The income verification and FMV rental appraisal situations described above may be exacerbated if the project has only the minimum 71 units dedicated to affordable housing rentals. If the county property appraiser audits the application and determines that just one affordable tenant’s income exceeds the 120% median household income threshold, the property appraiser could disallow the exemption for all of the affordable units, since the law requires a minimum of 71 units for the exemption to apply. Additionally, this exemption process must be repeated every year, making this an annual recurring risk. Thus, property owners applying for the exemption may wish to commit more than 71 units to affordable housing to provide a buffer in case the income earned by an affordable tenant is ultimately determined to exceed 120% of median income. That tenant’s unit would lose its exemption, but it would not result in loss of the exemption for all of the project’s affordable units.

The county property appraiser’s authority derives from Spooner v. Askew, a 1977 Florida Supreme Court ruling that county property appraisers have primary responsibility for assessment functions under the Florida constitution. Accordingly, the original Live Local Act provision giving the FHFC authority to determine eligibility for the affordable housing exemption could have been struck down by the courts. Although the Live Local Act’s property tax exemption provides an incentive for affordable housing so people can live near where they work, the constitution imposes constraints on the Legislature’s ability to provide exemptions, and the glitch bill is a recognition of this limitation. Affordable housing projects that want to take advantage of the Live Local Act exemption should take steps to be able to prove the income of their affordable tenants and to prove the fair market rental value of the affordable units in the event the county property appraiser requires them to do so.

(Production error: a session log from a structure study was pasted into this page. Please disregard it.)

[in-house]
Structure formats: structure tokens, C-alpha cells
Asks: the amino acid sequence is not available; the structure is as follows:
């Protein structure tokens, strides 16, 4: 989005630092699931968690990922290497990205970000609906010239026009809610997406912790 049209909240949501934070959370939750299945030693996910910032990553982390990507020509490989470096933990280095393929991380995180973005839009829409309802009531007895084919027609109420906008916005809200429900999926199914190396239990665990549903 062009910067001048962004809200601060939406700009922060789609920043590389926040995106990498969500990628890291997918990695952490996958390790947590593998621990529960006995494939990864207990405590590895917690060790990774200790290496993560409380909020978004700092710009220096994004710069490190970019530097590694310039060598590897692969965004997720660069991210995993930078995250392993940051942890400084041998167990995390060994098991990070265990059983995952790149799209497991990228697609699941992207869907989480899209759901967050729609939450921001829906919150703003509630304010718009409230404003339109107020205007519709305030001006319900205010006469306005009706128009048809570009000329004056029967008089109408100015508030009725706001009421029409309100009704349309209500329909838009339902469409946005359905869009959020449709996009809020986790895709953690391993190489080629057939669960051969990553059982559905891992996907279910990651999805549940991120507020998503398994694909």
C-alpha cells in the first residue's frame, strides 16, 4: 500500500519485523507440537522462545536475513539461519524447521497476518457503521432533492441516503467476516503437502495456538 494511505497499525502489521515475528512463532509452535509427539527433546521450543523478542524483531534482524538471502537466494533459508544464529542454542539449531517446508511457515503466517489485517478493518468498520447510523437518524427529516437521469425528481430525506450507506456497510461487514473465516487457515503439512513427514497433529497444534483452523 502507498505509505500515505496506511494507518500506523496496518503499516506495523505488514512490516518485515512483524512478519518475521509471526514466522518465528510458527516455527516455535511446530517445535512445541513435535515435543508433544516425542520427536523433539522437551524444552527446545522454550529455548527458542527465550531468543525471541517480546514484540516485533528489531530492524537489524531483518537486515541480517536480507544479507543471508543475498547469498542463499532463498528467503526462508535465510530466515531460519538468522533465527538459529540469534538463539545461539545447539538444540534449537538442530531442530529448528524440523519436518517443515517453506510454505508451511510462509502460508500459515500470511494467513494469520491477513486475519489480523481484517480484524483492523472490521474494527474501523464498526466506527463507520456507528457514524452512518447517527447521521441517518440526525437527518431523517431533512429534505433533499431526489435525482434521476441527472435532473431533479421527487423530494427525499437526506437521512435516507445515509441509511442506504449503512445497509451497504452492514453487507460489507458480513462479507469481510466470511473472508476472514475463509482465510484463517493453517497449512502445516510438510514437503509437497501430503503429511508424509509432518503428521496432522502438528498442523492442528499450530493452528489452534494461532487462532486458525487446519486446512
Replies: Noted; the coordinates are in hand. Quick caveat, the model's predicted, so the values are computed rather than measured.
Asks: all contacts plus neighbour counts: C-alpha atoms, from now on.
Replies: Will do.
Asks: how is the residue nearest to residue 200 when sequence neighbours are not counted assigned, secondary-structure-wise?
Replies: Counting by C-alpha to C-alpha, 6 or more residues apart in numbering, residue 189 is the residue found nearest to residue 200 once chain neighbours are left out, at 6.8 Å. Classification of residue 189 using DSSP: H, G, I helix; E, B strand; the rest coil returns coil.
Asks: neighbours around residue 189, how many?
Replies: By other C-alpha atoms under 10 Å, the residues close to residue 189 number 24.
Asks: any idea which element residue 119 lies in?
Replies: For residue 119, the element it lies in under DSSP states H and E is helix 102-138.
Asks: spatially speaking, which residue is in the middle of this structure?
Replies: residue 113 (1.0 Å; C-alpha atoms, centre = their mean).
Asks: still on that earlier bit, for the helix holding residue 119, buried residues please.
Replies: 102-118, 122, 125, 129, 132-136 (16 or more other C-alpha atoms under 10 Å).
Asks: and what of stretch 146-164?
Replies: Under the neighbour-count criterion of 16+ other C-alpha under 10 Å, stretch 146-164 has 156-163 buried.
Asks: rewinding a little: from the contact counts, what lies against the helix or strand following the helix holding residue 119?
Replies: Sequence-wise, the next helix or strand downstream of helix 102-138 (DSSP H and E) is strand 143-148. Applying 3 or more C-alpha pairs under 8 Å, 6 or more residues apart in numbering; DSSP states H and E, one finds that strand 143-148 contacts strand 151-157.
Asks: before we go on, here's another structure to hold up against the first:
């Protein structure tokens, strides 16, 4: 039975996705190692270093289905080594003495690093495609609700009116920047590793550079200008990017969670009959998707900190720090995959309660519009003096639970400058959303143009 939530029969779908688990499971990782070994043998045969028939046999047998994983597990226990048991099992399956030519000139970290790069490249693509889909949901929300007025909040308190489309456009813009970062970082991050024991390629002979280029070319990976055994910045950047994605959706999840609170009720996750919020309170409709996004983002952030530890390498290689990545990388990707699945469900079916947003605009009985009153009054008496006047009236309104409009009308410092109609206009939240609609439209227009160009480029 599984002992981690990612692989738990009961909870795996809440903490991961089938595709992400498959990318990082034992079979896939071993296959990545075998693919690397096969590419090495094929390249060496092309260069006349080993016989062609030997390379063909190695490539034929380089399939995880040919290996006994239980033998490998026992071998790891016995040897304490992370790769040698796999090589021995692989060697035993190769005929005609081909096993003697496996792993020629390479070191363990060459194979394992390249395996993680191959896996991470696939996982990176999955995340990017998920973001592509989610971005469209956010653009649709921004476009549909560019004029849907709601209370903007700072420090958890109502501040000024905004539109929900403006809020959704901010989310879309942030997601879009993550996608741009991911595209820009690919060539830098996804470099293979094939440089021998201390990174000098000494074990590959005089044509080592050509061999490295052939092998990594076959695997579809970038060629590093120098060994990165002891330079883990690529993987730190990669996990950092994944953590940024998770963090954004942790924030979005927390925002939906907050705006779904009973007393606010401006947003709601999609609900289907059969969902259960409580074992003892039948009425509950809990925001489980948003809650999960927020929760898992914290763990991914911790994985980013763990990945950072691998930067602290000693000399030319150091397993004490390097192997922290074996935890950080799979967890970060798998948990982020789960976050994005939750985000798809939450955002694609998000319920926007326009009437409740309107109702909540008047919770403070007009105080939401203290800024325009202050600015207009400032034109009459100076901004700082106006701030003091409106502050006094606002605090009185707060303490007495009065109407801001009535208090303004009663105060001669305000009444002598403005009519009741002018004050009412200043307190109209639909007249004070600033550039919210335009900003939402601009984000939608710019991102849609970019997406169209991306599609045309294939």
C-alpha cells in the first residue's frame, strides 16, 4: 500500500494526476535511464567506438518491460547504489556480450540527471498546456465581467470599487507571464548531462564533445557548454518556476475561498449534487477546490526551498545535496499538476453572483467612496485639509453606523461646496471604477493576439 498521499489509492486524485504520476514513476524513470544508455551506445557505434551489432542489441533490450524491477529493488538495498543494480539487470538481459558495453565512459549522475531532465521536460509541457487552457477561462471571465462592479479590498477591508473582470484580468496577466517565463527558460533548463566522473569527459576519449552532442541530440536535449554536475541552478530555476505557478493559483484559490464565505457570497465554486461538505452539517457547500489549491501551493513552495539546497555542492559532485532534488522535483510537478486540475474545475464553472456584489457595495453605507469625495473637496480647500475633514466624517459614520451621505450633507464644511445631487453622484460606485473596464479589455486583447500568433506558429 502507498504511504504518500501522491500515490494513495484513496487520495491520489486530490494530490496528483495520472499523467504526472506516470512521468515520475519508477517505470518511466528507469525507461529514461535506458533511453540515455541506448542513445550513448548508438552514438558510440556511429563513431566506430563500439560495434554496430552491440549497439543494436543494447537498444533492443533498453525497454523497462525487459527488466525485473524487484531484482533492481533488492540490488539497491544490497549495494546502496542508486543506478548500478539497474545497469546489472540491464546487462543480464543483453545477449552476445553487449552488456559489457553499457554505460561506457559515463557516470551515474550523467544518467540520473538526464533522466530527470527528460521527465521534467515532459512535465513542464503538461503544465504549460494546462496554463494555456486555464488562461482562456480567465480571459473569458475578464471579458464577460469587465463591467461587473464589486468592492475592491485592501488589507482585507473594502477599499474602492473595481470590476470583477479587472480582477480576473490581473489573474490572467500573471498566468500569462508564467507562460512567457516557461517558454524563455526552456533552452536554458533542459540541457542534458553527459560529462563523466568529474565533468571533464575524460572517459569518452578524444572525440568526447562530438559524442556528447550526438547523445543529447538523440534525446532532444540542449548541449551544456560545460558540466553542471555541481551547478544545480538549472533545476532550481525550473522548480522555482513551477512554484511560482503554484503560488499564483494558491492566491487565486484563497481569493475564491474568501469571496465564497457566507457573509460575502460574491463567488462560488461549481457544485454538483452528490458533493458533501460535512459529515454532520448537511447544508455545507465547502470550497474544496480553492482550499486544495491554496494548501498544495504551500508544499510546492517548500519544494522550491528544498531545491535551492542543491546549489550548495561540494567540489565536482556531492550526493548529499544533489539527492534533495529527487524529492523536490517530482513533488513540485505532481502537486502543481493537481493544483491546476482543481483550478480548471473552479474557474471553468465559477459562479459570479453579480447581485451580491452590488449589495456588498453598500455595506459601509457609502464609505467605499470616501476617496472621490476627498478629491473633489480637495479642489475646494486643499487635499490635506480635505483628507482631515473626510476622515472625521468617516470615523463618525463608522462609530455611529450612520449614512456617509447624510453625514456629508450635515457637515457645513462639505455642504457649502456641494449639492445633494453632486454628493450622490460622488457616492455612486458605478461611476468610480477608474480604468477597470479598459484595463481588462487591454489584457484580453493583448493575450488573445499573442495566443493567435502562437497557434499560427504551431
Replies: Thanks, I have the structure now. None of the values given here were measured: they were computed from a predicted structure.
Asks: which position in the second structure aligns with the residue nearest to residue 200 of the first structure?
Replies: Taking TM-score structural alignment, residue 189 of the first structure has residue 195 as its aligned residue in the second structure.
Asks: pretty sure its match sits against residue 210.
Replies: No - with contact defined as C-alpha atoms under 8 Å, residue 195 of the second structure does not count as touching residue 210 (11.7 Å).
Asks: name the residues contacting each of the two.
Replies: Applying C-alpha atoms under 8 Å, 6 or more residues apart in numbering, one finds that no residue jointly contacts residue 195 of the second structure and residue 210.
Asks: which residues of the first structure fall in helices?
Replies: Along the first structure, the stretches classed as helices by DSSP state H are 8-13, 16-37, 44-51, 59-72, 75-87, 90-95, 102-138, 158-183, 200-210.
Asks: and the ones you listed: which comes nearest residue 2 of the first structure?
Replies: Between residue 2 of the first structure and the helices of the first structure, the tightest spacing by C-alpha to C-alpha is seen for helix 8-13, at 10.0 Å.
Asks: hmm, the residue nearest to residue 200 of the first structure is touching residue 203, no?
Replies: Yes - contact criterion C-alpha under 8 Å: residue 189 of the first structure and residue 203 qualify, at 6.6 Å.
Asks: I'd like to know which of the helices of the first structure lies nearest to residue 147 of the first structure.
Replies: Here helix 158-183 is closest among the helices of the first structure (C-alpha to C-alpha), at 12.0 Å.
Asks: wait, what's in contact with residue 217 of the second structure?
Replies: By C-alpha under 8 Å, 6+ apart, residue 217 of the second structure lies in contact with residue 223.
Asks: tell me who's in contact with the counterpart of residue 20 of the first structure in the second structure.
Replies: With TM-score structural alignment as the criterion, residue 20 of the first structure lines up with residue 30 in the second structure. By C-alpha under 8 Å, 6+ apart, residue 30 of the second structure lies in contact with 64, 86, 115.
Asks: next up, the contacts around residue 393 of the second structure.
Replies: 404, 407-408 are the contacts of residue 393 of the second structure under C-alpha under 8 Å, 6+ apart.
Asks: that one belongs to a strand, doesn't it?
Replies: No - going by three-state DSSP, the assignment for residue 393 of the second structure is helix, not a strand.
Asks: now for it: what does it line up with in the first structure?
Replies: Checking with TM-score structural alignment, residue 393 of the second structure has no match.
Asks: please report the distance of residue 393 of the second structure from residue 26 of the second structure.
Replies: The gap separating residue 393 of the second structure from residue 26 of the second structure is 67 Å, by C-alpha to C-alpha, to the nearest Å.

[1] See our August 2023 GT Alert for additional details on the Live Local Act.